As important as asking ‘How is it learned?' is the question ‘How well is it being learned?' There are different layers of assessment, from those dealing with individual courses, to course sequences, to curriculum within, between and among disciplines, to those that connect to larger institutional goals. There are also different tools and strategies related to the practice of assessment in the context of undergraduate STEM. To bring assessment to a level that is recognized by disciplinary scientists, it is important to identify and evaluate the different layers, tools and strategies relating to assessment toward the end of creating new methodologies and analytical designs to validate the different forms of assessment.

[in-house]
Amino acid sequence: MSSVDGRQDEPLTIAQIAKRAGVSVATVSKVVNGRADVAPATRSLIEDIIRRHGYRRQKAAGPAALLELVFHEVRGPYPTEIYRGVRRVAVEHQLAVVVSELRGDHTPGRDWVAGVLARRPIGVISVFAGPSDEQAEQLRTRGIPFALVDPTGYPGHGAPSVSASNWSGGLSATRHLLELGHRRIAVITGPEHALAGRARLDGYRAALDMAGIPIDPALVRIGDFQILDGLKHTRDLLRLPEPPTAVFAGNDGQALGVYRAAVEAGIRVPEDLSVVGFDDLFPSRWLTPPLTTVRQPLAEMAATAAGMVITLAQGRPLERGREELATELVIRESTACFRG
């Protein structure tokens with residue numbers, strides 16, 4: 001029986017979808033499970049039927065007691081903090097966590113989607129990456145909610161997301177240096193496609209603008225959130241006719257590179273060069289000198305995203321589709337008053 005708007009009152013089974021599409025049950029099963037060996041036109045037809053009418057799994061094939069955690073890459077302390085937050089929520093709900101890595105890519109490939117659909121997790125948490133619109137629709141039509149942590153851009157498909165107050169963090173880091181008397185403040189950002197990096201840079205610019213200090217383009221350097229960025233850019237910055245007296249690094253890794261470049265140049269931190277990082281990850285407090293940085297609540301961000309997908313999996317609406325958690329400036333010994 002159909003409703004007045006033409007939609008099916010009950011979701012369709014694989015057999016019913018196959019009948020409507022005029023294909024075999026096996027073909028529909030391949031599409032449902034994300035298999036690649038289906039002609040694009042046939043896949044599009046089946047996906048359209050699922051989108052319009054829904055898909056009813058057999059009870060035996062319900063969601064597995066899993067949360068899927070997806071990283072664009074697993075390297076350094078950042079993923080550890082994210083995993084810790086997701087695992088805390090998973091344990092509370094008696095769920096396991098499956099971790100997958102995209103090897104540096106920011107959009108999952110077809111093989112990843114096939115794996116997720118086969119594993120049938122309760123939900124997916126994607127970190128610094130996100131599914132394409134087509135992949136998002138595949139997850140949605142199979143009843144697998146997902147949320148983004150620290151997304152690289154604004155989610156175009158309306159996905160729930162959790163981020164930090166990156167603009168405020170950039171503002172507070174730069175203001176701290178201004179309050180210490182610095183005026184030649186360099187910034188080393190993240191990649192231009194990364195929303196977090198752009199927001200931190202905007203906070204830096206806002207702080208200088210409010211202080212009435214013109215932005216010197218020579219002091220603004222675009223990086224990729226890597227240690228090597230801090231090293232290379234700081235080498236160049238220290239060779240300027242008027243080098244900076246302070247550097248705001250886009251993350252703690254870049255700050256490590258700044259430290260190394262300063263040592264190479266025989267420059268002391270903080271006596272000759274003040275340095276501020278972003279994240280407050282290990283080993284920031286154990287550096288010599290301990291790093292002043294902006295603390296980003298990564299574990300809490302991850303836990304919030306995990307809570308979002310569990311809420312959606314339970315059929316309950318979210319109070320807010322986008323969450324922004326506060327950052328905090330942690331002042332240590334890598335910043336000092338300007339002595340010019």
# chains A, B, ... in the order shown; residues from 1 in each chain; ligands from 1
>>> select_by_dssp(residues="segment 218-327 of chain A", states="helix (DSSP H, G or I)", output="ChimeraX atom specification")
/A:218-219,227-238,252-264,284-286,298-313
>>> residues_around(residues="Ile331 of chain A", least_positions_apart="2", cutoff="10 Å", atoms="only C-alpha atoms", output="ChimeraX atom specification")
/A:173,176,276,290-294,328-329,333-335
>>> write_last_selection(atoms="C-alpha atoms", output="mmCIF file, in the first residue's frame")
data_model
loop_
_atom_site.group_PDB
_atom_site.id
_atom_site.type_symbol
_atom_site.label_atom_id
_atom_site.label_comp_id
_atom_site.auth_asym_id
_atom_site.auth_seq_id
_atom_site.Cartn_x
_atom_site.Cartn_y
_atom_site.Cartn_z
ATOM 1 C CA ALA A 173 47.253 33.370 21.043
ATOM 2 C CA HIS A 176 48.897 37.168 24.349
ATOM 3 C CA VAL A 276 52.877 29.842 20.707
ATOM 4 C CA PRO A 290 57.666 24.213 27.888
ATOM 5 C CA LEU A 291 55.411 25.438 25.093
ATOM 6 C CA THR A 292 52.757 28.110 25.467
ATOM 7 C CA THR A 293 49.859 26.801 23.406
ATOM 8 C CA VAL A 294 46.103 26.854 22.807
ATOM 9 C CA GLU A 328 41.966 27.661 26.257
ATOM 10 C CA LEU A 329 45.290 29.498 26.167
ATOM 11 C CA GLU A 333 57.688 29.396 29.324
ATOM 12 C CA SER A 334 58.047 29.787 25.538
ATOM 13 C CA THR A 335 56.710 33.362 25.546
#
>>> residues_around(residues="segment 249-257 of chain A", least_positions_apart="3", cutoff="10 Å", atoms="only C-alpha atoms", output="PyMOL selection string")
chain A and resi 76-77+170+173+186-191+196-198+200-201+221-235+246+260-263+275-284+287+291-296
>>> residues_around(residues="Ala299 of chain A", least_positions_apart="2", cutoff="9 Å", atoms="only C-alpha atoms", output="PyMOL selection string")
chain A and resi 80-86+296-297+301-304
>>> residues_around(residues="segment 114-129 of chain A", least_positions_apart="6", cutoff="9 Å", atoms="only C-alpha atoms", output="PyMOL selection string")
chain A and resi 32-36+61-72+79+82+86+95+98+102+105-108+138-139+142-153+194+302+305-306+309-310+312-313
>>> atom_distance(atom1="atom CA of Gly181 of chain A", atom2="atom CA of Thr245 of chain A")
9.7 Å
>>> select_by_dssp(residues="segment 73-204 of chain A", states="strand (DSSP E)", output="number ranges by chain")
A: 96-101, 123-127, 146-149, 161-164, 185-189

Faculty want access to tools and strategies that work, in the classrooms and labs for which they are responsible. They want to be confident that the different kinds of assessment instruments will provide meaningful data about student learning in ways that are also practical and feasible to implement. This dual perspective can be brought to bear on assessment practices from multiple choice tests, concept maps, essays, interviews (high to low for practicality; low to high for potential for assessing learning.)